Working under intense public scrutiny, for high stakes and in relative isolation, even fearing for their safety, among other things, judges are challenged to make good decisions and also maintain their emotional equanimity. The rising incidence of depression and suicide among judges, reflecting a similar trend among lawyers generally, testifies to the emotional strain inherent in their position.
Other professionals working with those who are suffering, such as therapists, EMTs, caregivers and other human services workers, have reported similar reactions to the bombardment of graphic images and tales. But rarely do we talk about this impact on our legal professionals. Together with judges reporting being so effected, there’s good reason to believe that the lawyers, stenographers and other court personnel subjected to repeated accounts of trauma may also be suffering from STS, sometimes called “vicarious victimization.”
In addition, research suggests that party litigants often suffer from “secondary victimization” simply by going through the legal process–those who go through legal proceedings to get compensation for personal injuries, for example, have a worse physical and psychological recovery than those who do not, or as the researchers put it: “[o]ne predictor for worse recovery is lawyer engagement.” Another recently coined condition called “legal abuse syndrome” refers to clients suffering additional emotional harm at the hands of their own lawyers who fail to take into account their clients’ emotional needs. Clients have specified that feeling involved in decision-making, good communication and empathy for their plight are what they most need to avoid feeling reinjured.
In Beyond Smart: Lawyering with Emotional Intelligence, Muir devotes a section to the emotional toll that being a judge entails, both professionally and personally. Developing the four primary aspects of emotional intelligence addressed in the book–emotional awareness, emotional empathy, emotional understanding and emotional regulation– can each make a contribution to improving judges’ (and other participants’) decision making and health.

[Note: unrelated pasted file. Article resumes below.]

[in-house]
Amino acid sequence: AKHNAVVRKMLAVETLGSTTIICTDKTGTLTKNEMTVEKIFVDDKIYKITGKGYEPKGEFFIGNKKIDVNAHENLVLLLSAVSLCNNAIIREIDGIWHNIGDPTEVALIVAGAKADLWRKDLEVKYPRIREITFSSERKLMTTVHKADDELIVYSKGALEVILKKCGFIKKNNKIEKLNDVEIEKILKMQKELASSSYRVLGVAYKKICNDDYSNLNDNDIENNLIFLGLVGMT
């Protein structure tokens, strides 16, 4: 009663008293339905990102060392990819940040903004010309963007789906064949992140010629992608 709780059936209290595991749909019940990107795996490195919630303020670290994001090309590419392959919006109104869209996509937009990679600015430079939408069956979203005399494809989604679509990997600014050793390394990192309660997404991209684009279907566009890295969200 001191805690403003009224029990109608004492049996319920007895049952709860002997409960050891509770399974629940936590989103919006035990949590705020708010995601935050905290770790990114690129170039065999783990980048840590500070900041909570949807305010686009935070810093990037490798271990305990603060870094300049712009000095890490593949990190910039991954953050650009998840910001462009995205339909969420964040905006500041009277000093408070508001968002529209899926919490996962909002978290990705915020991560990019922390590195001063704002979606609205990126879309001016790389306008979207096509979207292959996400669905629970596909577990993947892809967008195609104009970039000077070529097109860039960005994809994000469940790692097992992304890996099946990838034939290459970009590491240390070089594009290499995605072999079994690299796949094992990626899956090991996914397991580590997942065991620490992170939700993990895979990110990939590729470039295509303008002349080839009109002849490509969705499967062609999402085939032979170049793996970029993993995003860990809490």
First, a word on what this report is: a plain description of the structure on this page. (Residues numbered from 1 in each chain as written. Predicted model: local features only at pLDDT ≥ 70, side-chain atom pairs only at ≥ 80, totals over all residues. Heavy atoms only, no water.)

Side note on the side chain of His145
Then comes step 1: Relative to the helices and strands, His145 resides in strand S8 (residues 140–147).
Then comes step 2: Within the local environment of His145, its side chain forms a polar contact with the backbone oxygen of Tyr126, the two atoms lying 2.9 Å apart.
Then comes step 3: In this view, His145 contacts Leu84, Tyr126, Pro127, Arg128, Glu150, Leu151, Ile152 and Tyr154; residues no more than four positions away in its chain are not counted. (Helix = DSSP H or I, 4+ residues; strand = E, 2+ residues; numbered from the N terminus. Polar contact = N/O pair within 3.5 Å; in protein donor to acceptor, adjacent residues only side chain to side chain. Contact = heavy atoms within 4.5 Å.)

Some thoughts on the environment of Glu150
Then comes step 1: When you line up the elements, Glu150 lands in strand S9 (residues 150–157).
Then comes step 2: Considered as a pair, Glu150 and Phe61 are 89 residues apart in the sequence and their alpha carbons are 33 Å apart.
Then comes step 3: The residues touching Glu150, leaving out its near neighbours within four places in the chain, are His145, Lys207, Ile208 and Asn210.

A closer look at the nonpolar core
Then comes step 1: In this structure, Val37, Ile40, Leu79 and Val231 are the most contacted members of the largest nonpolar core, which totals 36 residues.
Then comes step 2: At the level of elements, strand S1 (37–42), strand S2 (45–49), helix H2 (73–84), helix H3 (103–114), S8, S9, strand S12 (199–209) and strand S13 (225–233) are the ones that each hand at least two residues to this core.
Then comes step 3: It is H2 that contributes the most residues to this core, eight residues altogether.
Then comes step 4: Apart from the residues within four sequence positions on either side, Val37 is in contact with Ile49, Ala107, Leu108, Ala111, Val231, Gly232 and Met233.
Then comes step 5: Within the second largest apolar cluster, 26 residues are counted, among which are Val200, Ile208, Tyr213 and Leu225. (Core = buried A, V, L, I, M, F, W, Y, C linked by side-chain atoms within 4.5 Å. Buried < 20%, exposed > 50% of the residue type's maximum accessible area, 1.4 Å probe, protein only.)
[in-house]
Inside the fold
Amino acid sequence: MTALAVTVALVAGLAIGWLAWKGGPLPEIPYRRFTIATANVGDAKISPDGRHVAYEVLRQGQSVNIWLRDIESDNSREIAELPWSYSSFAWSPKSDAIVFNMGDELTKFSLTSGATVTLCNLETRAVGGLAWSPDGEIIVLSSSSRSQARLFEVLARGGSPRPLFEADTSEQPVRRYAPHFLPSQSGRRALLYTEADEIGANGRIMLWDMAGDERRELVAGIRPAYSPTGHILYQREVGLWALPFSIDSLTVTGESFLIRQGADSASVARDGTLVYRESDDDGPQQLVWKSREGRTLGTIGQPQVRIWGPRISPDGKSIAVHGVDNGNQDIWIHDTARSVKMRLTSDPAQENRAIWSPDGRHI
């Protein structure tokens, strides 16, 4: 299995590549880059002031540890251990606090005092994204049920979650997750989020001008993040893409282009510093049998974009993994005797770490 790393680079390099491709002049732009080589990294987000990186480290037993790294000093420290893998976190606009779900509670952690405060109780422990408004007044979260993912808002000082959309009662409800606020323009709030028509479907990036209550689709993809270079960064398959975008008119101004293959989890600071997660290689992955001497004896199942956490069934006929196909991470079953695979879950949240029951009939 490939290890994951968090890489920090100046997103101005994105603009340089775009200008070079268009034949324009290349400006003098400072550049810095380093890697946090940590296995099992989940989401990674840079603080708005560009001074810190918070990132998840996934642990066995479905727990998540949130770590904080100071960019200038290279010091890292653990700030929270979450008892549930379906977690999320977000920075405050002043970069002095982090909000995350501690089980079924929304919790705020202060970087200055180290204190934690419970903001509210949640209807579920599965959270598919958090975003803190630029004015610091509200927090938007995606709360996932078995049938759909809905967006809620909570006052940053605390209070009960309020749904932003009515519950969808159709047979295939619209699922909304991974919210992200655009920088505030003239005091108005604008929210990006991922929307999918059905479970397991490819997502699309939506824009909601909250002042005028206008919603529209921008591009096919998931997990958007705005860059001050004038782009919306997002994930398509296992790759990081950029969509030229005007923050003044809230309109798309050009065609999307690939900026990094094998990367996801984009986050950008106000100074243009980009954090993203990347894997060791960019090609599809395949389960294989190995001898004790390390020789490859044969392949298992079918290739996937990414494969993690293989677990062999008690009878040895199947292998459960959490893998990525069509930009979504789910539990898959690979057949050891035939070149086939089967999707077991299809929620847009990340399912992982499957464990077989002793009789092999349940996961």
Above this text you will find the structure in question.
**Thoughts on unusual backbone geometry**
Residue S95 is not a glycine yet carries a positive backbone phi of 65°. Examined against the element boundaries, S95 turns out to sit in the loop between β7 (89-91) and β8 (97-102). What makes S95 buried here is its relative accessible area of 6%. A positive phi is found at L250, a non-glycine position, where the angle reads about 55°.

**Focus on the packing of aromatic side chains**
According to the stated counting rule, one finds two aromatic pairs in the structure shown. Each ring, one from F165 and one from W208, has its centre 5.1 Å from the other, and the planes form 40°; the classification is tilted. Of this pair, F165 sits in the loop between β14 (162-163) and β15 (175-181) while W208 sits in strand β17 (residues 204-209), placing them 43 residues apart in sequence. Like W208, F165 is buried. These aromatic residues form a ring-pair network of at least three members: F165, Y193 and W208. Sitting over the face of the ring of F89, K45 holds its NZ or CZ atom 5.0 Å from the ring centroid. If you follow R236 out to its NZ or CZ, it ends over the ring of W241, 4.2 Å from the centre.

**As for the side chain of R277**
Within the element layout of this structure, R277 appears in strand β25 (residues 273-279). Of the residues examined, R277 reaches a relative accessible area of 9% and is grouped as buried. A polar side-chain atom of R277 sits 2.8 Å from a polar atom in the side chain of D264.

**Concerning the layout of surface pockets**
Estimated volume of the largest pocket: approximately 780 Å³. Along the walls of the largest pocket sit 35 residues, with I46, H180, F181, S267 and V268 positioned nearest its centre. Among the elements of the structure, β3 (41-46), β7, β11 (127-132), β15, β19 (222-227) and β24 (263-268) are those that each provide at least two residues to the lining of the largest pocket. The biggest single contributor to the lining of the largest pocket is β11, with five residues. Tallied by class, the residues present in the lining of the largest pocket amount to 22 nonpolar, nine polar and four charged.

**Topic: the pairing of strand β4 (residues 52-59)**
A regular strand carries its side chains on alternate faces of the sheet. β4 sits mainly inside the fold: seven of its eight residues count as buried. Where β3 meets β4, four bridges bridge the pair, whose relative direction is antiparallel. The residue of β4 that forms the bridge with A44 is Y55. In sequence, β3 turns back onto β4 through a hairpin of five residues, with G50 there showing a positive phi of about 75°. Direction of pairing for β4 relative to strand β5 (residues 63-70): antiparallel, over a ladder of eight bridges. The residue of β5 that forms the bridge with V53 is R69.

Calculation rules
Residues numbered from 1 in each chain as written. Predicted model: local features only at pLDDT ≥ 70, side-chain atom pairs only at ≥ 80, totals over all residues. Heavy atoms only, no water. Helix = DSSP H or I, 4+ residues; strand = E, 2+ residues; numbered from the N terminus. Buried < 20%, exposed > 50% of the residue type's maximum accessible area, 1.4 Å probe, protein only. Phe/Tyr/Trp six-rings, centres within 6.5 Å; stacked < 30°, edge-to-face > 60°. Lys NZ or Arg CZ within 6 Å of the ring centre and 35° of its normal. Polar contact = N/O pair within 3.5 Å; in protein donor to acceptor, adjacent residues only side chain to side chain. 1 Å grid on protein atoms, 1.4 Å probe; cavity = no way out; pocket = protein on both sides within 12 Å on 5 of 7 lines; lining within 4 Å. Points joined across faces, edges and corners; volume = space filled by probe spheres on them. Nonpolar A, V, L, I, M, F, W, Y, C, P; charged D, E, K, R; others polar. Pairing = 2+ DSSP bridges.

Anger is the most common reported emotion experienced by judges. While there are some positives to being angry–anger also poses some dangers to a judge’s ability to make sound judgments and, unrelieved, can fester into serious emotional distress and physical breakdown. In making judgments, angry people tend to revert to stereotypes. Angry people also tend to be more receptive to angry arguments, as well as to arguments that confirm their initial assessment of a situation. So they may reach a decision prematurely, or make an overly punitive decision.
In mock-jury studies, researchers found that “experimentally induced, irrelevant anger” was correlated with “more punitive judgments of tort defendants, as well as with greater levels of punishment.” Similarly, teachers in a positive mood gave the same paper 1-2 grades higher than they did when they were in a negative mood. Perhaps most striking was that 85% of the teachers said that their mood had no impact on their judgment, a colossally high lack of awareness.
Whatever the cause, a judge’s emotional distress can even cost a litigant his/her case.
Supreme Court Justice Sonia Sotomayor testifies to the importance of emotional awareness and regulation for judges: “You can’t be emotionless. No one can…You can’t be a judge if you try to be a robot. Because then you’re not going to be able to look at both sides, and hear both sides. At the same time, if you’re being ruled by emotion, then you’re not being fair and impartial. So what do you do with your emotions? My feeling is that you have to be aware. You have to be aware that you might be angry with a defendant and then acknowledge and deal with that anger as a person—and consciously set it aside.”